Capital Campaign Definition: What is a Capital Campaign?

Capital Campaign Definition: What is a Capital Campaign?

November 20, 2018 Nandini Singh

 Just what is a capital campaign and how can it help your nonprofit or higher educational institution? Here’s a capital campaign definition along with three key insights on when you should start one for your organization.

If you want to begin fundraising for your nonprofit, you have to ask yourself: What is a capital campaign goal, what is ours, and how do we go about achieving it? If you want to achieve a specific goal, you should start a capital campaign. But, how do you start one? And, what do you need? Here are some tips and information to guide you through the beginning stages of your campaign.

 

 

What is a Capital Campaign?

So, what is a capital campaign exactly? A capital campaign is a rigorous attempt, made by a nonprofit organization, to raise major gifts for one specific goal or a variety of goals. If you have multiple goals, your capital campaign is a comprehensive campaign. Having multiple goals classifies your project as a comprehensive campaign.

These donations or gifts are typically used to renovate or acquire a building. However, they are also used to raise money for endowments, scholarships, or other grants. Essentially, you’re trying to raise a significant number of funds within a defined period of time as a way to support the larger goals and mission of your organization.

 

When to Start a Capital Campaign

There are three common catalysts that inspire nonprofits to initiate capital campaigns:

1. You’re in dire need of a new space or new resources 

Suppose someone is selling the facility your organization has been using. Your organization will need a new space and fast. To minimize disruptions to your organization and the community at large, you decide to fundraise for a new space so you can maintain business as usual.

2. You’ve outgrown your space

As an organization, you all may come to the conclusion that your current space is no longer meeting the needs of the organization or the needs of communities you serve. To better cater to your evolving needs, you may fundraise for a new space or an addition to your existing building.

3. You want to have a tangible legacy

These are rare cases, but your organization may feel inclined, towards the end of its time, to have a tangible legacy which may be in the form of a building that will be of use to the community.

How to Organize a Capital Campaign

Organizing a capital campaign involves a thorough evaluation of the state of your organization and a clear determination of your goals.

Although the director of development or the executive director of the organization plays a key role in the initiation of a successful capital campaign, they can’t manage the campaign on their own. During the first year of a campaign, a director can spend about 75-80% of their time focused on the project. After some time, however, it’s important to delegate the work. The work can be assigned to someone in the organization or an outside hire. They will help conduct business as usual, while they oversee the stability of your campaign.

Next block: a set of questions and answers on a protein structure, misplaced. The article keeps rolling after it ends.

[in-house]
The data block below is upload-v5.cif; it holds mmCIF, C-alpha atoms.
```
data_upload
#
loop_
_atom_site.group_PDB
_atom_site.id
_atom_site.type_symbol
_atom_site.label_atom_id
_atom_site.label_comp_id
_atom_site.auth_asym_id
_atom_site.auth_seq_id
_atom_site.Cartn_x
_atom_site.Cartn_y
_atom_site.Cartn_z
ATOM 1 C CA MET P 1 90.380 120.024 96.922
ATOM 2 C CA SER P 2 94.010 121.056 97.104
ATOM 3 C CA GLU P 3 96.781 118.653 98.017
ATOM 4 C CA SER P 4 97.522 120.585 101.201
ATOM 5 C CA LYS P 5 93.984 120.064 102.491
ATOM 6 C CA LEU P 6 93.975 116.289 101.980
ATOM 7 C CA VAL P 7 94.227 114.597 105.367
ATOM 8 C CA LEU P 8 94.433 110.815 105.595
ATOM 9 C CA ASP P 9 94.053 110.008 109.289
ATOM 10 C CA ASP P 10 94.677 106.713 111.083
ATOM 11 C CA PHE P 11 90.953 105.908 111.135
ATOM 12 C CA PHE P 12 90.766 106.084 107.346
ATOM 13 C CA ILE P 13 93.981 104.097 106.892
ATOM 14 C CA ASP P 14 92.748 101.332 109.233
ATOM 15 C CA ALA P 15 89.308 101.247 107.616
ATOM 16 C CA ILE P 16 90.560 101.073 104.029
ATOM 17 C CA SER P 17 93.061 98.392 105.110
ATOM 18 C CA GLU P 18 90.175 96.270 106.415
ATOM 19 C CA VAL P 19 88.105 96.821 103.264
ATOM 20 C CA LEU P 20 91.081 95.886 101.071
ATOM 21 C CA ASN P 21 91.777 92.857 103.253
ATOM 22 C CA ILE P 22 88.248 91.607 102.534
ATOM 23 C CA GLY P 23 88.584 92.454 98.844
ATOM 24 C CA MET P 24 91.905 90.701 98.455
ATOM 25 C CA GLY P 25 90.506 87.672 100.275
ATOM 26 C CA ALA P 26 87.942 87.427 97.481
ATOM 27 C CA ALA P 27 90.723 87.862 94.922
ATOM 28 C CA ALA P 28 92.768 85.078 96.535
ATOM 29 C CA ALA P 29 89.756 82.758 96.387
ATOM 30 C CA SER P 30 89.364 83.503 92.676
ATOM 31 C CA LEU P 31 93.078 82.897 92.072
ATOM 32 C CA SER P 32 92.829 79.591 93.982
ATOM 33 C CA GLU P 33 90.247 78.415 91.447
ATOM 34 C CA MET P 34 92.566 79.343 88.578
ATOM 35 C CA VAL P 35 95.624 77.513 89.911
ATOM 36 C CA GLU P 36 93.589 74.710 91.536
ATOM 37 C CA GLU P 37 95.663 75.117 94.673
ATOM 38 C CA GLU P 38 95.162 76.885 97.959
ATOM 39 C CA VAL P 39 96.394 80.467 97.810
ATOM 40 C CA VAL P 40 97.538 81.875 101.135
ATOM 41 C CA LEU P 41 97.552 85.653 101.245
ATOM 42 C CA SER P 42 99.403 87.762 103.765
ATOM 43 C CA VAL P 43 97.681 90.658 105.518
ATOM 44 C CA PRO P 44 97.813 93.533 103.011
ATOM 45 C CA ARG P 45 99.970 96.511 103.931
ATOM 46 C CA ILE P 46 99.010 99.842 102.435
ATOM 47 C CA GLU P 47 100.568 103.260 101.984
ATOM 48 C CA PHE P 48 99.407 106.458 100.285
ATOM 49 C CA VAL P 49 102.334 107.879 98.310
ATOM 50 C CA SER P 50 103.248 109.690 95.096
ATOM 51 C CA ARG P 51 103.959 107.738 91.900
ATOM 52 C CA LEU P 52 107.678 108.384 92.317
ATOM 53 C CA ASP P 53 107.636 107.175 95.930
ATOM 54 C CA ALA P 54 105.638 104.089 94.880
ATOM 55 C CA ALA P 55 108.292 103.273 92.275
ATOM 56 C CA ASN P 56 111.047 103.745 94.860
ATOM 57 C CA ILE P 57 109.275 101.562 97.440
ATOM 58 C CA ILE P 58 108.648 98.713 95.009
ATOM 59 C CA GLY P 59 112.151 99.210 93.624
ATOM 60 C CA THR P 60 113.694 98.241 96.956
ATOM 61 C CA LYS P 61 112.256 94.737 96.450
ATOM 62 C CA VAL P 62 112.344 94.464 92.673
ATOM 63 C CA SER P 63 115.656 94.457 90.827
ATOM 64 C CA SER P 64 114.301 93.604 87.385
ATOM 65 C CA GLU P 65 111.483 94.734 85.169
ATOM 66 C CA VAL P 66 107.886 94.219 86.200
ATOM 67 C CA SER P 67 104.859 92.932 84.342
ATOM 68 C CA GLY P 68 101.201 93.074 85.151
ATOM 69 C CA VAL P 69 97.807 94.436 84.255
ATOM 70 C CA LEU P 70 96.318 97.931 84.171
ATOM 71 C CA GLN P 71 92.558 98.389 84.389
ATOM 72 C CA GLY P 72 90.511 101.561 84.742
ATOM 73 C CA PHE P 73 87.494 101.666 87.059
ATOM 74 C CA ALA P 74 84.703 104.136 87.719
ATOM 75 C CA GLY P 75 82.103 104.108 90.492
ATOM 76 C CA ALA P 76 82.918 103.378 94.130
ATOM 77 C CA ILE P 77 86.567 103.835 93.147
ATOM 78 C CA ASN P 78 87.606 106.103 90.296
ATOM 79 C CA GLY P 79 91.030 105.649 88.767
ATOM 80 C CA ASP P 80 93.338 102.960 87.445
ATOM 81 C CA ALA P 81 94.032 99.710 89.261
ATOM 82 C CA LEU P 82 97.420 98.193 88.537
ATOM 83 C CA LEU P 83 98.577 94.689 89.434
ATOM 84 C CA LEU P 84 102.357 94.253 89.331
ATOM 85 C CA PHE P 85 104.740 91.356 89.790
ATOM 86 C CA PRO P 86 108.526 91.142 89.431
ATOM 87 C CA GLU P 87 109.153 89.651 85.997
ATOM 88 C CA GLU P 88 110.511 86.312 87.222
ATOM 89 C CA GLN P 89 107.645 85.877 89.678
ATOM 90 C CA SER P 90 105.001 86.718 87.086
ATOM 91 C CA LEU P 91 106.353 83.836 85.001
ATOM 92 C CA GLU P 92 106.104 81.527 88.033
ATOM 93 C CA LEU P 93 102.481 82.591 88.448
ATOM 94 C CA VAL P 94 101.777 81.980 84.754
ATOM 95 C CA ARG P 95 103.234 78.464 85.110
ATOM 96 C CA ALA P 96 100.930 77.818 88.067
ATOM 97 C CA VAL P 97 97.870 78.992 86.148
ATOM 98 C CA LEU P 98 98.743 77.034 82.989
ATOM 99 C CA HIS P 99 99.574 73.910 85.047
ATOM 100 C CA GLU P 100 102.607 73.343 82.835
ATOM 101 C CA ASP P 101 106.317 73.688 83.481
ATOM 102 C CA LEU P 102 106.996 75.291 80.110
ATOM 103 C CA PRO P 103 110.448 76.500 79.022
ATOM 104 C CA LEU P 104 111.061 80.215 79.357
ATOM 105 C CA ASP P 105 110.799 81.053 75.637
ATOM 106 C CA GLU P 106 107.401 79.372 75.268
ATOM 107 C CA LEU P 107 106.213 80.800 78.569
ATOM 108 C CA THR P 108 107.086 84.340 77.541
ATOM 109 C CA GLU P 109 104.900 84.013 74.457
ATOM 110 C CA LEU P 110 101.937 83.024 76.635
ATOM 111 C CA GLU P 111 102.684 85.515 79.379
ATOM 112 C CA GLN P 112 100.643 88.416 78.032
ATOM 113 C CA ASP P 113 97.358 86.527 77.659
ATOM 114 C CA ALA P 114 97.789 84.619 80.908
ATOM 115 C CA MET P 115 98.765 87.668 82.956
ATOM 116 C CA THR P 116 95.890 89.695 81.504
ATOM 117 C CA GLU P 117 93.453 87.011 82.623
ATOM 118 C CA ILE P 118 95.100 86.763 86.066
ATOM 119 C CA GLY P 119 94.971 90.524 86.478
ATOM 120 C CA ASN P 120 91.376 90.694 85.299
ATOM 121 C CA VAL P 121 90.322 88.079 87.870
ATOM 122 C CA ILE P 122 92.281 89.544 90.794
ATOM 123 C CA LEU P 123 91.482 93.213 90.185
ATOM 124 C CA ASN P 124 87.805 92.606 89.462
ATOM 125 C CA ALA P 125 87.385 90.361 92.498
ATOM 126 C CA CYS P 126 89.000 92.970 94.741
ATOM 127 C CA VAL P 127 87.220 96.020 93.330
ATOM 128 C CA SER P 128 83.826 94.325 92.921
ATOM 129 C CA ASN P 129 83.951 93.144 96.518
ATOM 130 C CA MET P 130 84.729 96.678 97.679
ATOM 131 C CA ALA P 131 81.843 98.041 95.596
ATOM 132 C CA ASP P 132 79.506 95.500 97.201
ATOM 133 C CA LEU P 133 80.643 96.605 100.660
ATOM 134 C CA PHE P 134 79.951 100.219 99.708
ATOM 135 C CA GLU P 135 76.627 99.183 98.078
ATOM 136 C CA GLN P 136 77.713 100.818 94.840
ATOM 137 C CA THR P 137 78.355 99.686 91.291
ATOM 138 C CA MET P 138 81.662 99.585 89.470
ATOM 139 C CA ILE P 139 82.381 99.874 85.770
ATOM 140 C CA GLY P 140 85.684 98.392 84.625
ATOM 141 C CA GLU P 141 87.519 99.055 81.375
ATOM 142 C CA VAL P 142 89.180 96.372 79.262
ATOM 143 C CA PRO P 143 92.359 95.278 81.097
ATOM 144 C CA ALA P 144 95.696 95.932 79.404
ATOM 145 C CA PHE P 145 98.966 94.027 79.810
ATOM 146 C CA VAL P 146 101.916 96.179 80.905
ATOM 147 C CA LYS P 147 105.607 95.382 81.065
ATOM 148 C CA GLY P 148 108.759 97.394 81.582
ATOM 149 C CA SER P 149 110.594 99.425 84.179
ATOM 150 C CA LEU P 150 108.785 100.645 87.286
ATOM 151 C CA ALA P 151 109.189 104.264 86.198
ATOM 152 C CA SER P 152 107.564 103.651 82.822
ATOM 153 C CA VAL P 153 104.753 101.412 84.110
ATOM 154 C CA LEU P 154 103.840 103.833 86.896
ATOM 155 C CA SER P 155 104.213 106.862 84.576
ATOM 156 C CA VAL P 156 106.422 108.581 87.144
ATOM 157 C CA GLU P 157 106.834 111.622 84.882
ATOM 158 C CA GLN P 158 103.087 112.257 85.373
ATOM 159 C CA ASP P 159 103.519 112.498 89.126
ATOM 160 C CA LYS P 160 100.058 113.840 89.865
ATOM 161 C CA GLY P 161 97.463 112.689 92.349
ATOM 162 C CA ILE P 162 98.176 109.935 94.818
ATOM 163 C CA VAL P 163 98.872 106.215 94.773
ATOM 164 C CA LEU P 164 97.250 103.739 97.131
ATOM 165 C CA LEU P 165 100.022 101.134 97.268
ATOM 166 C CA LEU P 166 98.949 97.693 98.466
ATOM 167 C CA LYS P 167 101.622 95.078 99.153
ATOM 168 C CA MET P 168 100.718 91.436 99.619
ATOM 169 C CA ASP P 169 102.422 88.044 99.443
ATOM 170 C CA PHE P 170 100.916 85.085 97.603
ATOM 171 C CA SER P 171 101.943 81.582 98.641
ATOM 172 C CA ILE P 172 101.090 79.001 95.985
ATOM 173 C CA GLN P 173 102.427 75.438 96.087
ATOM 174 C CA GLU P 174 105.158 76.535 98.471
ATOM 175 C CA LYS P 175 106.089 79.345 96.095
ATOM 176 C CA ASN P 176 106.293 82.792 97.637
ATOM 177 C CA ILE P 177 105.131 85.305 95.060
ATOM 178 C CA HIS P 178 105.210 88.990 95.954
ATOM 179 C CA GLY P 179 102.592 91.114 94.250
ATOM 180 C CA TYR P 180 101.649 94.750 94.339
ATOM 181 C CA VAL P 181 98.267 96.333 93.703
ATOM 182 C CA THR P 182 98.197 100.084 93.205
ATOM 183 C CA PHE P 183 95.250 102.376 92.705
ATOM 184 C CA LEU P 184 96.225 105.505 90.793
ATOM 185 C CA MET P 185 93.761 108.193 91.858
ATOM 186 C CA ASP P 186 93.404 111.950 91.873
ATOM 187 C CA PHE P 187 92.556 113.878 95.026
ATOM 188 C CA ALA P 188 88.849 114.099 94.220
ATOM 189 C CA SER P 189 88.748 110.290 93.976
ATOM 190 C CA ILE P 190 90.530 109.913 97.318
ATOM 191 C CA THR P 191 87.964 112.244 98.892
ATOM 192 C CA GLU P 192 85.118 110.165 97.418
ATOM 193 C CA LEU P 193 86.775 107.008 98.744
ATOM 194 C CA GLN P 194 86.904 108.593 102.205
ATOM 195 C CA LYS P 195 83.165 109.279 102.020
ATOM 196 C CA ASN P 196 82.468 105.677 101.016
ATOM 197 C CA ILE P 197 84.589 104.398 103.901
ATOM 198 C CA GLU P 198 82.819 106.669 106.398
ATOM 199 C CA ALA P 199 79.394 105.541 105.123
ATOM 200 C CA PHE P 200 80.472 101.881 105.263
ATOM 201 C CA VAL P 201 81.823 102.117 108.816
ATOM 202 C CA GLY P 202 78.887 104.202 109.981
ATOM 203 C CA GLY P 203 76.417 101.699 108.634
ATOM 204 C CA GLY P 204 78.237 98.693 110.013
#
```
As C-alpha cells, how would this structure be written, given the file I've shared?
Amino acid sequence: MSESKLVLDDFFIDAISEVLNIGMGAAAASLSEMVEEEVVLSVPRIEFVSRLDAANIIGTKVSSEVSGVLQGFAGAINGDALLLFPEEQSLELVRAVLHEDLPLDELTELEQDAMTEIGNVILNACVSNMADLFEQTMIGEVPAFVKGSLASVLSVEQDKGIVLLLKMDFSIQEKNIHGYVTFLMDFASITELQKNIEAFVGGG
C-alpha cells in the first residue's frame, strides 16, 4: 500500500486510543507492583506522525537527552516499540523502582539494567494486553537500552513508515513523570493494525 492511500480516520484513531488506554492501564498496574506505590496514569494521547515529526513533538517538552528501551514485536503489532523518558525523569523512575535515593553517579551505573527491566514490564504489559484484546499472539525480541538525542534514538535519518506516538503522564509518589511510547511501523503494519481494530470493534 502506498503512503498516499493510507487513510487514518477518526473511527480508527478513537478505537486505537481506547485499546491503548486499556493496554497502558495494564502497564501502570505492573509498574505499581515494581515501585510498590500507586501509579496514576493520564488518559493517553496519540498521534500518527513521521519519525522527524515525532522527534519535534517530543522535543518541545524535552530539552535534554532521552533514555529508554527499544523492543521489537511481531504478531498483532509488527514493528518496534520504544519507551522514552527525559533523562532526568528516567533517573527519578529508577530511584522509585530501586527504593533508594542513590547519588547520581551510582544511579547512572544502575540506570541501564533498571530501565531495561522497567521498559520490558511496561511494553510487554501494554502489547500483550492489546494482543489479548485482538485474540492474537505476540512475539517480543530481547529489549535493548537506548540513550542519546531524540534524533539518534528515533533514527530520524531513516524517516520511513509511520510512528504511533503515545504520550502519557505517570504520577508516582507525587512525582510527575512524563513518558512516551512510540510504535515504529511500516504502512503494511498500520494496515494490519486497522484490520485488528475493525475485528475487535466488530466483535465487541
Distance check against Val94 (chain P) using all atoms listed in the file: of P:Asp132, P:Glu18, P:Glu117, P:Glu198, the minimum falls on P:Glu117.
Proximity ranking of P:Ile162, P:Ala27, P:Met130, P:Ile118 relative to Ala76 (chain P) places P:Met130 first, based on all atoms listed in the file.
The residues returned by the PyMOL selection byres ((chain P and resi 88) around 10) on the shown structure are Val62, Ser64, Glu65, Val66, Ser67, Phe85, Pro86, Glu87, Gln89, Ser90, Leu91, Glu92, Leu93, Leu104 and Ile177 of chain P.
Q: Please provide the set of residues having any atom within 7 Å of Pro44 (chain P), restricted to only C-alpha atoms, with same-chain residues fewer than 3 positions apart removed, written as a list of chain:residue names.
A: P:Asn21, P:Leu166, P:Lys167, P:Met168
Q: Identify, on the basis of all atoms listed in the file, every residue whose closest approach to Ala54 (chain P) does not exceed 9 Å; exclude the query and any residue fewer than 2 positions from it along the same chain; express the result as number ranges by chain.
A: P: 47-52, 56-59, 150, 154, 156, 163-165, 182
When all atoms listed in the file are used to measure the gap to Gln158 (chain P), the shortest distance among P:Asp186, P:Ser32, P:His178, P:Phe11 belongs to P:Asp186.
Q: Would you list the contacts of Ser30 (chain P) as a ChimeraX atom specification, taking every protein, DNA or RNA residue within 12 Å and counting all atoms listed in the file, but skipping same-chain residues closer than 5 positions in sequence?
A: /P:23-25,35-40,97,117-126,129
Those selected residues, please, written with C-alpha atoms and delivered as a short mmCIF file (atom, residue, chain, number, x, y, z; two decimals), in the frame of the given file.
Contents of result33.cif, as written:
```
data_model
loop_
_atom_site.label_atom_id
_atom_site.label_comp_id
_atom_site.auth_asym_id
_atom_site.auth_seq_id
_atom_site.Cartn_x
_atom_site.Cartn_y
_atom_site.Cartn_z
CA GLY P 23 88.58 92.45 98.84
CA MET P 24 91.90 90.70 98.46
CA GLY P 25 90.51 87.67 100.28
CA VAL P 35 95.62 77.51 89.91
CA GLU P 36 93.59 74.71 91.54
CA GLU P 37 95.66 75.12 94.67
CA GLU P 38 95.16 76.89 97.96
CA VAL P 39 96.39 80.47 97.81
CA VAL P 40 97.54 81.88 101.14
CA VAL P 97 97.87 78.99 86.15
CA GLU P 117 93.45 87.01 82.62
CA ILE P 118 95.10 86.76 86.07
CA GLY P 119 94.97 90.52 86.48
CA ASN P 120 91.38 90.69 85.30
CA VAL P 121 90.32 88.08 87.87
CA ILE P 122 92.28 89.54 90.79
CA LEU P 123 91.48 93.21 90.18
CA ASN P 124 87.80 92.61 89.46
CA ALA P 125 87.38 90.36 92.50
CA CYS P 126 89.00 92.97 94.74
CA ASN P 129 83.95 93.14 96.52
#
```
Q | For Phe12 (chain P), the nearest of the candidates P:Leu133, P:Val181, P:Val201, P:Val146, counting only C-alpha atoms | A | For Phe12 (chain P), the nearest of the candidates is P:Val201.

5 Capital Campaign Phases

Before executing your campaign, you have to assess your readiness. Part of that assessment is making sure that you have clear goals outlined before jumping in. It’s important to take a good look at what your organizational needs are. If you’ve created your goal in a vacuum, without consulting others in your organization, the goal will fail to serve either the organization, the community or both. It’s integral to align your intentions for your organization with specific fundraising areas, and then plan how you will execute.  

Now that you’ve determined what your community needs, how do you go about achieving your capital campaign goal? How do you organize your efforts, and use your time and resources wisely? A capital campaign is typically broken down into steps. More specifically, there are five phases in the campaign process:  

1. Planning Phase

During this initial stage, you should evaluate all the moving parts you’ll need to involve in your campaign. This will include forming a capital campaign feasibility study, creating a goal or multiple goals, determining your budget, brainstorming necessary resources, and gathering your team.  

2. Silent Phase

Now that you’ve planned out your capital campaign, it’s time to step into the first stage of execution. Within this period, which typically lasts for 18 months, you’ll be focusing on satisfying your major gift leads. It’s during this time that you’re receiving the bulk of your principal or major donations. It’s important to achieve 75% of your total goal before opening up your campaign to the public. You can use wealth screening to find hidden gems of big donors in your existing contacts.

3. Kick-Off Phase

You’ve now approached all your major donors, and are now able to introduce your campaign to the public! This is the point where you’re able to communicate your goal or goals to potential donors and outline your greater intention for the campaign.

4. Public Phase

You’re now winding down your efforts. Since you’ve already approached your major donors and satisfied the majority of your campaign, you can now connect with the community and smaller donors. It’s these smaller gifts that will bring your goal to a close.

5. Wrap-Up and Assessment Phase

Once your campaign has been successfully completed, it’s important to actively reflect on the process. Above all, when reflecting back on the process, it’s important to ask yourself: What worked? What wasn’t as effective as anticipated? How could we mold our process for future campaigns?

 

Set your capital campaign in motion. Schedule a WealthEngine demo and speak with one of our experienced consultants.

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